More and more budding music artists, photographers and videographers are deciding to set up their own home music, streaming or photography studios. For the cost…
More and more budding music artists, photographers and videographers are deciding to set up their own home music, streaming or photography studios. For the cost of renting professional space a few times, you could invest in your own studio that you can use any and every time you’re feeling inspired. You can record music, a podcast or YouTube channel videos. Or, you can shoot still photos, all conveniently in your own space. This is the perfect setup for many YouTube stars, and it won’t cost a fortune if you set it up carefully.
We have some helpful advice about how to choose a room and convert it into the studio of your dreams (within your budget) and a superb outlet for your creativity.
You’ll need to decide which room of your house will make the best home studio location.
Important factors, include the size and dimensions of the room, its surfaces (walls, ceiling, and flooring), the ceiling height, and noise levels inside and outside the room.
An ideal recording studio is large and provides plenty of room for musicians, instruments, recording equipment and other gear. Make sure there’s room for you and whoever else is coming to record or mix music to sit, lounge and be comfortable. You don’t want to cramp anyone’s style, so to speak. A larger room usually ensures a better recorded sound, too.
Along with size, consider a room that’s quiet—the more quiet the better. Go inside each room and listen for outside noises that could show up, uninvited, in your recordings. Barking dogs? Roommate or children’s noise? A TV in the other room? Traffic, birds, obnoxious neighbors? Try to pick the quietest room in the house, if possible.
Look at your floor, ceiling, and walls. You don’t want a square room nor a concrete floor, and you don’t want very low ceilings or drywall walls that are parallel. Floor-to-ceiling windows or large mirrors also are no-nos in a home recording studio. No room will be perfect, so try to work with the room that fits the bill the best. For instance, you can always add more sound-absorbing material to hard walls and low ceilings.
Wood floors are a good choice for a recording studio room because carpeting can result in muffled recorded sounds.
Speaking of children, have kids interested in podcasting?
There are some must-haves. These include the computer to record, mix, and store music, along with music-mixing software, an audio interface, a microphone with a pop filter, a microphone stand and cable, headphones, and monitor speakers. You’ll also want a desk, monitor speaker stands and a comfortable recording chair.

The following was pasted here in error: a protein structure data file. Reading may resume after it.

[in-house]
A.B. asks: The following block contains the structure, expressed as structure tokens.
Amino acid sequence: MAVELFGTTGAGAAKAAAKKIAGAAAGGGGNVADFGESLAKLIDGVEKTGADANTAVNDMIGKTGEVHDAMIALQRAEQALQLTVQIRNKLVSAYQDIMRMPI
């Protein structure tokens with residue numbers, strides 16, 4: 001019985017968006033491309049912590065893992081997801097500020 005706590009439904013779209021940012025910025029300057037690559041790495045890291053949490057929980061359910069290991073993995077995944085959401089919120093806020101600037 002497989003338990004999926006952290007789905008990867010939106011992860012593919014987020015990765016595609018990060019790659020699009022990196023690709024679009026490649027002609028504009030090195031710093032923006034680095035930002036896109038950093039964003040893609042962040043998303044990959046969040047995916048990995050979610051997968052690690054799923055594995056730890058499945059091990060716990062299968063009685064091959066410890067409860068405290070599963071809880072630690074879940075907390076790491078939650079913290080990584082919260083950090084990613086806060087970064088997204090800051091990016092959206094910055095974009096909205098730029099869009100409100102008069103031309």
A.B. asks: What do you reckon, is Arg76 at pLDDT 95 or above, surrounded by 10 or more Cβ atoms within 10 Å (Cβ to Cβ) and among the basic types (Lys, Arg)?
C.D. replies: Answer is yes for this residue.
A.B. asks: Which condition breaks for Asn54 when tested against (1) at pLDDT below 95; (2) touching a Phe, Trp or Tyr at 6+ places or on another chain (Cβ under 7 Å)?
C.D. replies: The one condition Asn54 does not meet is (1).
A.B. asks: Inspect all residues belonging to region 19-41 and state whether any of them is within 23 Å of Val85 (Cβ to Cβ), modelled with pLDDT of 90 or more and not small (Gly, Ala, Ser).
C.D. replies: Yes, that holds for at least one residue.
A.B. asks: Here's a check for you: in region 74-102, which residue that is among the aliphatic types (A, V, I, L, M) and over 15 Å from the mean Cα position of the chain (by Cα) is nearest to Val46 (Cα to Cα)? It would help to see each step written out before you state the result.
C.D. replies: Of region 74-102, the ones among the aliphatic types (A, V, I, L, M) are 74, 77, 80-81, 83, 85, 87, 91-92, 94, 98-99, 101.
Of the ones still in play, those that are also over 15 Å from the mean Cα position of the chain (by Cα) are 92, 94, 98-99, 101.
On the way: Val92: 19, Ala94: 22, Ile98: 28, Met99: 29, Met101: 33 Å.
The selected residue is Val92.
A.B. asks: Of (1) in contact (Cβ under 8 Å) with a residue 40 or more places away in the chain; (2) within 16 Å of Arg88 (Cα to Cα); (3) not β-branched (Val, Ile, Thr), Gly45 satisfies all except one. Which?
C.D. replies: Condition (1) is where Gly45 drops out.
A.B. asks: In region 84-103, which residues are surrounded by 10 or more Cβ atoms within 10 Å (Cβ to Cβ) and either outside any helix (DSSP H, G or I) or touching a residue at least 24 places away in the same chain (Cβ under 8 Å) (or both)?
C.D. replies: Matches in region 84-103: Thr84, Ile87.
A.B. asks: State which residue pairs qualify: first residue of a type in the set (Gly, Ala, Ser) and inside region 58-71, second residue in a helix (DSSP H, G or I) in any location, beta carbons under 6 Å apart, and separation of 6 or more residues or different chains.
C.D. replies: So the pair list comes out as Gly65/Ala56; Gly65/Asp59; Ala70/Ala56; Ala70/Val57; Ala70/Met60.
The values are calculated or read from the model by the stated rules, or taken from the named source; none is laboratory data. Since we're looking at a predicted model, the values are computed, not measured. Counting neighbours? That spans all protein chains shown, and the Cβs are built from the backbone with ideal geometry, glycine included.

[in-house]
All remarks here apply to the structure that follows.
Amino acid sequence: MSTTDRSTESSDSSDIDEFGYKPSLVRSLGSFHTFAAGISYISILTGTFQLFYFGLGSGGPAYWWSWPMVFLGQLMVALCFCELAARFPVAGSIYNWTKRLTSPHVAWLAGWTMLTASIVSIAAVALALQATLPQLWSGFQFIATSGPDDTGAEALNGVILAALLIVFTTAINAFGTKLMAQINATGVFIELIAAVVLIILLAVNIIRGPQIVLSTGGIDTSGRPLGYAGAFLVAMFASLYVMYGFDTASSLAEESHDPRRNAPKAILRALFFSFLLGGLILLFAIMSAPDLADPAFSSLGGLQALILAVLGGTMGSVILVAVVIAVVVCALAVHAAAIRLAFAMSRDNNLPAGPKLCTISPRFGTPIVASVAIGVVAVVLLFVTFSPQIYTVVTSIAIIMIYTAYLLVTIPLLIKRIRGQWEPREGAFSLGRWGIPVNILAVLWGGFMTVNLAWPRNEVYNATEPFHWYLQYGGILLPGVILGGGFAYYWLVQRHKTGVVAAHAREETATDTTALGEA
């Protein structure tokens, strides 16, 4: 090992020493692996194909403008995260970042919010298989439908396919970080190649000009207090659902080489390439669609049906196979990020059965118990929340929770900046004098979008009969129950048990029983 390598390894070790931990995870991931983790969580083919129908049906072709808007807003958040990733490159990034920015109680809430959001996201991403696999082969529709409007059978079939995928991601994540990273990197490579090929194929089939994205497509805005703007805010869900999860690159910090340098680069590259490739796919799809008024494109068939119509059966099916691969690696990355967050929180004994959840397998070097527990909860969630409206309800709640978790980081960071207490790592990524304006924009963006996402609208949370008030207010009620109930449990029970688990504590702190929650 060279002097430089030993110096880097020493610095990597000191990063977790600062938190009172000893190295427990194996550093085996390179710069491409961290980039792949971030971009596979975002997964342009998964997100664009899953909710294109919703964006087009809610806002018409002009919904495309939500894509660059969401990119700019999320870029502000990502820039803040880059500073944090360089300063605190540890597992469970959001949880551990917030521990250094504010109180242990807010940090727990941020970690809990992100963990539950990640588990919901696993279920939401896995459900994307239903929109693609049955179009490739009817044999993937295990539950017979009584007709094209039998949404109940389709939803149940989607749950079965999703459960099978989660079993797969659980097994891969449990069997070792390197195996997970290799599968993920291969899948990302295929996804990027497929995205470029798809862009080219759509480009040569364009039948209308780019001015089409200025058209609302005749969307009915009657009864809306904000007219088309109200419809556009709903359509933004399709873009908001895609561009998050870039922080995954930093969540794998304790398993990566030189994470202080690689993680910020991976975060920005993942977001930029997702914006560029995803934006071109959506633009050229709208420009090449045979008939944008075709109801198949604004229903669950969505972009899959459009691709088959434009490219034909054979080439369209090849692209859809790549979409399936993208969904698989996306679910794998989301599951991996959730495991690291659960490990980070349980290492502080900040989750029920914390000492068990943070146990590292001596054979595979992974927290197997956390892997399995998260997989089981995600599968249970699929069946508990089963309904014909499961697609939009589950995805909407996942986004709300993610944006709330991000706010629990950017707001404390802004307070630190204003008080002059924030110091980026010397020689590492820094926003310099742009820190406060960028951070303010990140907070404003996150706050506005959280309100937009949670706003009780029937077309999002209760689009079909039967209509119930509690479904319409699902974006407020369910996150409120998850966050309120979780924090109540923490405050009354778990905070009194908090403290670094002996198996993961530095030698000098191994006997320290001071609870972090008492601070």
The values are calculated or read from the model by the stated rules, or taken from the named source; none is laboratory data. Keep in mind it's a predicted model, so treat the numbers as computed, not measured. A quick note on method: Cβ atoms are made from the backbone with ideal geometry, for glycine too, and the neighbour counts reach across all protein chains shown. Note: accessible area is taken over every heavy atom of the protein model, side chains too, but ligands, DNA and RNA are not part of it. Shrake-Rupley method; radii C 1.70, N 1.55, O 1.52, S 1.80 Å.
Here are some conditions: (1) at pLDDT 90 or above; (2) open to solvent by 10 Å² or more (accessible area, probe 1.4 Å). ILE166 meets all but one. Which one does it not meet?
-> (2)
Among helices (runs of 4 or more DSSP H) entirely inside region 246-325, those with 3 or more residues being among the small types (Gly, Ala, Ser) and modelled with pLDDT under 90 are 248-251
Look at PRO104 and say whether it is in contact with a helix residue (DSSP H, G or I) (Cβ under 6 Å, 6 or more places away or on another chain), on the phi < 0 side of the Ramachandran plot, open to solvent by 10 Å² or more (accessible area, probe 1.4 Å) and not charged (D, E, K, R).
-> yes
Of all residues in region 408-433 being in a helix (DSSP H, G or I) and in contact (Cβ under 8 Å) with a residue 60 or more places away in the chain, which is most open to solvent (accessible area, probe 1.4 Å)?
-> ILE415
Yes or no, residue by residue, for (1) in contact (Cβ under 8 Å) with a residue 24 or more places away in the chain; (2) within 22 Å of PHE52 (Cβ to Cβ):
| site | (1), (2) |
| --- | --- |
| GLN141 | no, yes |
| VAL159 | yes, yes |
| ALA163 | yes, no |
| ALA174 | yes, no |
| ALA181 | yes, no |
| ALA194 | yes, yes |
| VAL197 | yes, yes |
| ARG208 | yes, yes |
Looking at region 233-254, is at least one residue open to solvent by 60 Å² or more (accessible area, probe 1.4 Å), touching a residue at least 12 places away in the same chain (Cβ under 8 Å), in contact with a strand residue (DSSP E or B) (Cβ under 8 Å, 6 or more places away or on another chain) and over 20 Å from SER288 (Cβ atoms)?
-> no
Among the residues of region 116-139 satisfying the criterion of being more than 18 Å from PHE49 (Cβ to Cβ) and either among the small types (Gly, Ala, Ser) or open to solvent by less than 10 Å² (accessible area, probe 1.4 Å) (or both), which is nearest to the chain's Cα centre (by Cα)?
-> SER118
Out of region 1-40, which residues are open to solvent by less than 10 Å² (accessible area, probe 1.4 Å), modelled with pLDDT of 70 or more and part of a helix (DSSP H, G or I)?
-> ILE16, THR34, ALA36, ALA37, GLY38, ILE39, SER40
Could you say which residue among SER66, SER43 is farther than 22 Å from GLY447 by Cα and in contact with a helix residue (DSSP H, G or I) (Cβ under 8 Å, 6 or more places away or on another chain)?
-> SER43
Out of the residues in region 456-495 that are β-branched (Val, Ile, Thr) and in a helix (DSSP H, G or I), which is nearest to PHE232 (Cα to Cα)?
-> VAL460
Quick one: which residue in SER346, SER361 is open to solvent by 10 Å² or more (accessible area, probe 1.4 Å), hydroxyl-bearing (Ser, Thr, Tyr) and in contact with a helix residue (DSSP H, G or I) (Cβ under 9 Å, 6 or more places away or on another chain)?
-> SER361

Your music needs will dictate what type and how much you’ll need to spend on an audio interface. The USB audio interface lets you connect your headphones, microphone and headphones to your computer. The more interface connections it contains, the more versatility you’ll have when recording.
You can start with a moderately-priced interface and then upgrade as needed. Keep in mind that you’ll need more channels for projects involving drums or a number of vocals at one time.
When choosing a microphone, buy a mid-range mic with a large diaphragm condenser that’s good for vocals and acoustics like acoustic guitars. Don’t forget a microphone pop filter to minimize the “pop” sound that people make when singing or speaking sounds like “t” and “p”.
What's a diaphragm condenser?
Part of the microphone that helps the sound source seem bigger, more engaging, and appealing. When someone sounds like they're on radio? That's why.
You’ll need a mic stand per microphone. Invest in one that telescopes and adjusts well so you can place it at the perfect level for your voice, whether you’re standing or seated, and for any instruments.
When purchasing headphones, know that there are a couple of types: open-back headphones (for mixing) and closed-back headphones (for monitoring while you’re recording and mixing at times).
Installing the best acoustic treatment for your room choice is critical to the quality of your musical output. Acoustic treatments help make your space as “neutral” as possible, absorbing or soaking in the reverberation in your room when you’re recording and mixing.
There are three kinds of acoustic treatments: panels, diffusers, and bass traps. Panels absorb sound energy, diffusers scatter and spread sound waves around the room, and bass traps trap lower frequency sounds.
Acoustic treatments or soundproofing, help your music sound more like your music and not like something recorded in your bedroom. There are numerous options for acoustic treatments in many budget ranges; you might consider foam panels because of their lower cost, but keep in mind they only absorb high-frequency sounds.
You’ll need to do some trial and error before you get the acoustic renovations right; rooms in a home aren't designed to be studios. Taking out all the furnishings, including any pictures or posters, mirrors and furnishings that could vibrate and then analyze the empty room by walking around and making lots of noise.
Listen, and gauge how much sound diffusion or absorption you already have and how much you may need. You’ll probably need to move the acoustic pieces around the room as you perfect the sound, so don’t permanently affix them until you’re sure.
You can buy entire music studio acoustic treatment kits. However, to save money, you may want to make your own fiberglass panels. To make the panels more efficient, don’t forget to include an air gap between the panels and your walls.
If you’re on a very strict budget, instead of buying or making panels, you can absorb high-frequency sounds with objects around the house, including thick quilts or duvets, thick drapes or even mattresses.
Don’t forget to add bass traps to room corners to help absorb lower-frequency acoustical energy. Bass traps help solve the “muddy” sound in your mixes so you hear the bass sound better.
Where you put the furniture in your recording studio is important. Comfort and accessibility are important. Do you have enough room to sit and play a guitar, bass, or drums, and also to stand up or sit down at the microphone when recording? Does the space let you easily move from one spot to another? Is there room for others so you can collaborate or record a band? Do you have room to mix your music after recording?